The final evening’s competition bracket had been set. Since less than 16 drivers had volunteered to stay in Long Beach and entertain the crowd, many drivers would have bye runs right off the bat. Powerhouses such as Odi Bakchis, Matt Field, Mike Essa, Kyle Mohan, and Dean Kearney, would run unchecked in their first battles, which would make it extremely difficult for those facing another driver to climb to the top of the $25,000 purse. All of that would go down on the second night of the Grand Prix, after a jam packed day of road racing motorsports!
Day 2, Saturday, we met up with a couple of Formula Drift drivers who couldn’t restrict themselves to only driving at night. Mike Essa, Dean Kearney, Kyle Mohan, and Matt Field had taken full advantage of the Grand Prix of Long Beach Association’s generous offer of piloting pace cars between race sessions. Does the GPLBA understand the severity of this situation? They put DRIFTERS behind the wheels of regular cars, which zoom around a track made of WALLS! All jokes aside, these guys were having an absolute blast keeping the track hot and special guests of importance entertained with ride alongs. It’s pretty cool to see these guys expand their motorsports resume with opportunities like these, which some of them have been doing for a couple of years.
Pace cars weren’t the only activity that Formula Drift drivers were wandering off to participate in. Our friend Tyler McQuarrie drives so many other types of motorsports other than drifting. On the Grand Prix weekend, he would be driving in Stadium Super Trucks behind the wheel of the Safecraft rig. Stadium Super Trucks is another series with a following that is growing, similar to how drifting made it’s way into the Grand Prix. It’s a bang ’em up, thrash race to the finish consisting of rowdy full contact racing and jumping off ramps. It’s pretty intense! Tyler finished 3rd in the first race of the weekend, after rolling his truck and dislocating his shoulder in the impact. He managed to work his way back up to the pack, and finish 3rd in a bout of bad-ass-ery for the books.
A couple of hours after Stadium Super Trucks, and a qualifying session for IndyCar, the IMSA WeatherTech Sports Car Series was underway. It’s absolutely amazing being anywhere near the straight as all cars speed toward turn 1, and around to turn 5. The sounds of various race engines from multi-million dollar teams, some back by manufacturers, is music to any motorsport enthusiasts ears. The race lasts for 100 minutes. 100 minutes is enough time to visit all areas on the track by foot and take in the race, but 100 minutes is hardly enough for the fan. As a spectator with media credentials and camera gear, I always crave hours more of this type of racing.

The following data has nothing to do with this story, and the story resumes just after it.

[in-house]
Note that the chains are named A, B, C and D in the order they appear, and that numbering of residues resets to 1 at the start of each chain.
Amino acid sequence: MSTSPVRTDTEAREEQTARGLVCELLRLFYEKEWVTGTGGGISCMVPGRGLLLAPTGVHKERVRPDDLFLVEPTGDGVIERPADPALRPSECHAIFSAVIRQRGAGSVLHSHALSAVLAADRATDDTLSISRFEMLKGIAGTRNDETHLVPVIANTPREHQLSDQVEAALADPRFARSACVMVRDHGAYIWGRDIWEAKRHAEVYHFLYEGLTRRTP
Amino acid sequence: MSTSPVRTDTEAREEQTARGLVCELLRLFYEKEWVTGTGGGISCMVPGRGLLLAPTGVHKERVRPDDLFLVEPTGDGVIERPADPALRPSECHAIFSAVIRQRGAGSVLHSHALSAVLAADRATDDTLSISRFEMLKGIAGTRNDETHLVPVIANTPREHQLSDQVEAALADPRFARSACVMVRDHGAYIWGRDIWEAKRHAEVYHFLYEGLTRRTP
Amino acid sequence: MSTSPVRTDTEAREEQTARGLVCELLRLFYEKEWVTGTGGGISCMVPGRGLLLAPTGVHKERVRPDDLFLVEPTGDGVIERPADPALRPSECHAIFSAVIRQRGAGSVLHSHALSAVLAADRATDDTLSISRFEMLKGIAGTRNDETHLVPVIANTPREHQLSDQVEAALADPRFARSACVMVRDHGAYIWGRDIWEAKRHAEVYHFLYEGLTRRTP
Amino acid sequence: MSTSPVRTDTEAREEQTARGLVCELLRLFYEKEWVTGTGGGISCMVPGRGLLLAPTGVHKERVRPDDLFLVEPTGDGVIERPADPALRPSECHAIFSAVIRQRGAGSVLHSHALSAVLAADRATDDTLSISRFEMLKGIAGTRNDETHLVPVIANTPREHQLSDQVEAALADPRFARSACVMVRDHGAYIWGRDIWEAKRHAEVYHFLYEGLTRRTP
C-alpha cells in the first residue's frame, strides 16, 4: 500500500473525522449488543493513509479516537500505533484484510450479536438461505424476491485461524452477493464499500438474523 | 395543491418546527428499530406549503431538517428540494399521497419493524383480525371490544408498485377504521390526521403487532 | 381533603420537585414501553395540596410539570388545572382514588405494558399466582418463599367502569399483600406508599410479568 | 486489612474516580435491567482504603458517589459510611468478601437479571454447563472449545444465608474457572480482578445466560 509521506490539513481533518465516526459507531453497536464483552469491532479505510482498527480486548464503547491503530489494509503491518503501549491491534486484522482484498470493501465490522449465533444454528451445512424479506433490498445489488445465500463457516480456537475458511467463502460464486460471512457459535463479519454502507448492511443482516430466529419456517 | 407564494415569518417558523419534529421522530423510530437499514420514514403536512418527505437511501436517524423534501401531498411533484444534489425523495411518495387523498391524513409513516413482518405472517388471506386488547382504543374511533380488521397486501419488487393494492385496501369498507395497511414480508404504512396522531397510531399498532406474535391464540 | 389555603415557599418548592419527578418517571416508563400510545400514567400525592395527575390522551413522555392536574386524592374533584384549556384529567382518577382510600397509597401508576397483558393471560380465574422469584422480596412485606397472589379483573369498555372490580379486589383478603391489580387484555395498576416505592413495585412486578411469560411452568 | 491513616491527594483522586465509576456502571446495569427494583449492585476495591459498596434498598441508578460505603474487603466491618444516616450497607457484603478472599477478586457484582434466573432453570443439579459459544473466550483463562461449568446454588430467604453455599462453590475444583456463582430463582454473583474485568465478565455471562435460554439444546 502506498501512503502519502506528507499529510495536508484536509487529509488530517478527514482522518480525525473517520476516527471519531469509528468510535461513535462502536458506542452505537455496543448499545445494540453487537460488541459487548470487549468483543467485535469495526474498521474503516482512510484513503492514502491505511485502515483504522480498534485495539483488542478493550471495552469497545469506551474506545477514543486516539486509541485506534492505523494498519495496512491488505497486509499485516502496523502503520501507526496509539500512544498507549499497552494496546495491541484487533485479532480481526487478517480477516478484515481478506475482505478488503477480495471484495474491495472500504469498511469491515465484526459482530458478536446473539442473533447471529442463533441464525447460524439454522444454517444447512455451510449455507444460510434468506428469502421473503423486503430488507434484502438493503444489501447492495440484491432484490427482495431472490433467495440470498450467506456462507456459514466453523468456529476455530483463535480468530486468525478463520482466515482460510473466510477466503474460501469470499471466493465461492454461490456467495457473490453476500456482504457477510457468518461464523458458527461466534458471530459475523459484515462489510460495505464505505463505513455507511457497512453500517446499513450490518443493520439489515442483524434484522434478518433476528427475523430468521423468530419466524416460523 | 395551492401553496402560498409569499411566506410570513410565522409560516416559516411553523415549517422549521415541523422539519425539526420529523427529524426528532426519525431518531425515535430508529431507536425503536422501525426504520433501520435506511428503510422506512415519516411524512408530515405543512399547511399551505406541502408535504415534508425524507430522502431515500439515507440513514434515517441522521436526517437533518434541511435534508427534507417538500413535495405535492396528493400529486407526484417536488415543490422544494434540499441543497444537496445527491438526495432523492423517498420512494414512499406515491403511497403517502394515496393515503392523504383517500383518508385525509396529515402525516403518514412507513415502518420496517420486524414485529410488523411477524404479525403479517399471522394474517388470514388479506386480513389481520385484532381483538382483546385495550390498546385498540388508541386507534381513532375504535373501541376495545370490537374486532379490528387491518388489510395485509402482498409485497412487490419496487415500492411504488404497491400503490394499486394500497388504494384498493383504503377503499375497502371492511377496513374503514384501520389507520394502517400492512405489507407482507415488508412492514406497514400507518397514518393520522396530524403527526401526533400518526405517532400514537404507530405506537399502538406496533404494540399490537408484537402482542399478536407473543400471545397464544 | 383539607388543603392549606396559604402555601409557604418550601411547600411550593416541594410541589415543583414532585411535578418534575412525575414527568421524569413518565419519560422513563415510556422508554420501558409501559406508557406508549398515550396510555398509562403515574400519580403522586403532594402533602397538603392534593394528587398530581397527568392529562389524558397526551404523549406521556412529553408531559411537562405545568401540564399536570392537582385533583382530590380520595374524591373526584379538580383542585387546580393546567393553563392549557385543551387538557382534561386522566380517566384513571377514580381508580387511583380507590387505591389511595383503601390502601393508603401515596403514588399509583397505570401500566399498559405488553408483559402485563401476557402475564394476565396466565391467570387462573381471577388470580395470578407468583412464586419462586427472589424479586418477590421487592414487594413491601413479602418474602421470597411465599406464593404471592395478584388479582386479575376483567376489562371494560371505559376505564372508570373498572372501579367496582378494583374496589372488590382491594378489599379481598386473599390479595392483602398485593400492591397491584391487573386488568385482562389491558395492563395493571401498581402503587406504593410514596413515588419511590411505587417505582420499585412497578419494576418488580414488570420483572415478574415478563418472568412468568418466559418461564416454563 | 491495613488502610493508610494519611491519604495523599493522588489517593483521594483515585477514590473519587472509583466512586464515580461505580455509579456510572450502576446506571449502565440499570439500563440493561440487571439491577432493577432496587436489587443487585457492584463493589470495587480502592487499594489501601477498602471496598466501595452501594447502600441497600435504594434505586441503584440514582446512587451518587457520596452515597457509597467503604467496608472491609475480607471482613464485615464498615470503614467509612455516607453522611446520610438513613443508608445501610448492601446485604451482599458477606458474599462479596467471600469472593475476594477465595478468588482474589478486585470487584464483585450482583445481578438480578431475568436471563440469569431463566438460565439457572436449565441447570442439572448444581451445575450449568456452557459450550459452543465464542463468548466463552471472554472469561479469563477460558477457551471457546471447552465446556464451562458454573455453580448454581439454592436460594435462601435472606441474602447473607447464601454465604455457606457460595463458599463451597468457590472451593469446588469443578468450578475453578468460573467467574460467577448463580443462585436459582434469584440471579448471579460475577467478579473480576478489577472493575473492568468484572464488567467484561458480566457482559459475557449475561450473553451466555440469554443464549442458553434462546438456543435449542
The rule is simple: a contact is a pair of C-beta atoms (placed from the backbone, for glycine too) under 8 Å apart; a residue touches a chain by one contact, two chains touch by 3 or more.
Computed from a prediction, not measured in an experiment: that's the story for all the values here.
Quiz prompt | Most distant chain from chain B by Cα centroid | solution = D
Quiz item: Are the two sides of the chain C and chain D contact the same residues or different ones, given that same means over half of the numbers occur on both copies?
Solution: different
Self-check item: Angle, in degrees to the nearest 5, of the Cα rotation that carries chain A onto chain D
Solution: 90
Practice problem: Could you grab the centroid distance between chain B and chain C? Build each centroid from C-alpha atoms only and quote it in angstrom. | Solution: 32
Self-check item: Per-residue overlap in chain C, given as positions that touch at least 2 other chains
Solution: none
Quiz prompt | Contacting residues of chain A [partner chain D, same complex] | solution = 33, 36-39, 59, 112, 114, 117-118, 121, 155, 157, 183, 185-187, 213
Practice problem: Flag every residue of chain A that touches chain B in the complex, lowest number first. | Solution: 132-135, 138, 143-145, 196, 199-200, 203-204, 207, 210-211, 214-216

Day 2 of the Grand Prix of Long Beach had been amazing thus far, and for us, it was only about to get better. It was drift time, and once again the stands were packed. We delightfully observed the crowds reactions as the first cars slid by, temporarily leaving visibility to a minimum. They loved it!
The crowds reaction during the driver’s introductions is amazing. Most of the spectators aren’t followers of Formula Drift, so they haven’t had the opportunity to chose a favorite driver. Instead of cheering loudly for one or two drivers, each driver gets an equally motivating roar from the crowd. To them, it doesn’t matter who wins at the end of the evening. All they want to see is absolute mayhem. They want to see cars out of control, but in control, tire shredding, loud and fast, absolute mayhem… and that’s exactly what the drivers want to give them.
After Odi Bakchis took his bye run, Ryan Litteral and Justin Pawlak met at the line and went at it. Litteral is a Pro 2 driver, but his experience in drifting spans many many years since the beginning of drifting in the US. Pawlak has the same under his belt, but has been afforded many great opportunities to hone his skills in Formula Drift competition. The battle will be tough for Litteral. Litteral leads, but Pawlak leaves him hardly any breathing room on the follow. Pawlak takes his lead and leaves Litteral back in the smoke, but throws it away going around the last clipping point at the hairpin, slowing and straightening, causing Litteral to hit him. Ryan Litteral moves closer to sharing the $25k purse with the win.
Upon completion of the bye runs of Mike Essa, Kyle Mohan, and Matt Field, Jeff Jones and Trenton Beechum took off the gloves and went to battle. Jeff Jones’ lead line wasn’t his best run of the event, but Beechum slows dramatically around the hairpin to avoid contact with Jones from closing the follow too fast. Beechum has a very fluid lead run as described by announcer De Anda, and perhaps would have have beaten Jones if he was able to make it out of the last turn without missing a shift and coming to a stop. Jeff Jones would take the win.
After the bye run of Dean Kearney, Fredric Aasbo, Odi Bakchis takes yet another bye run after Ryan Litteral bows out of the competition due to mechanical issues. It’s unfortunate when a competitor exits the competition, especially when it was a promising battle such as Bakchis and Litteral. It could have gotten crazy!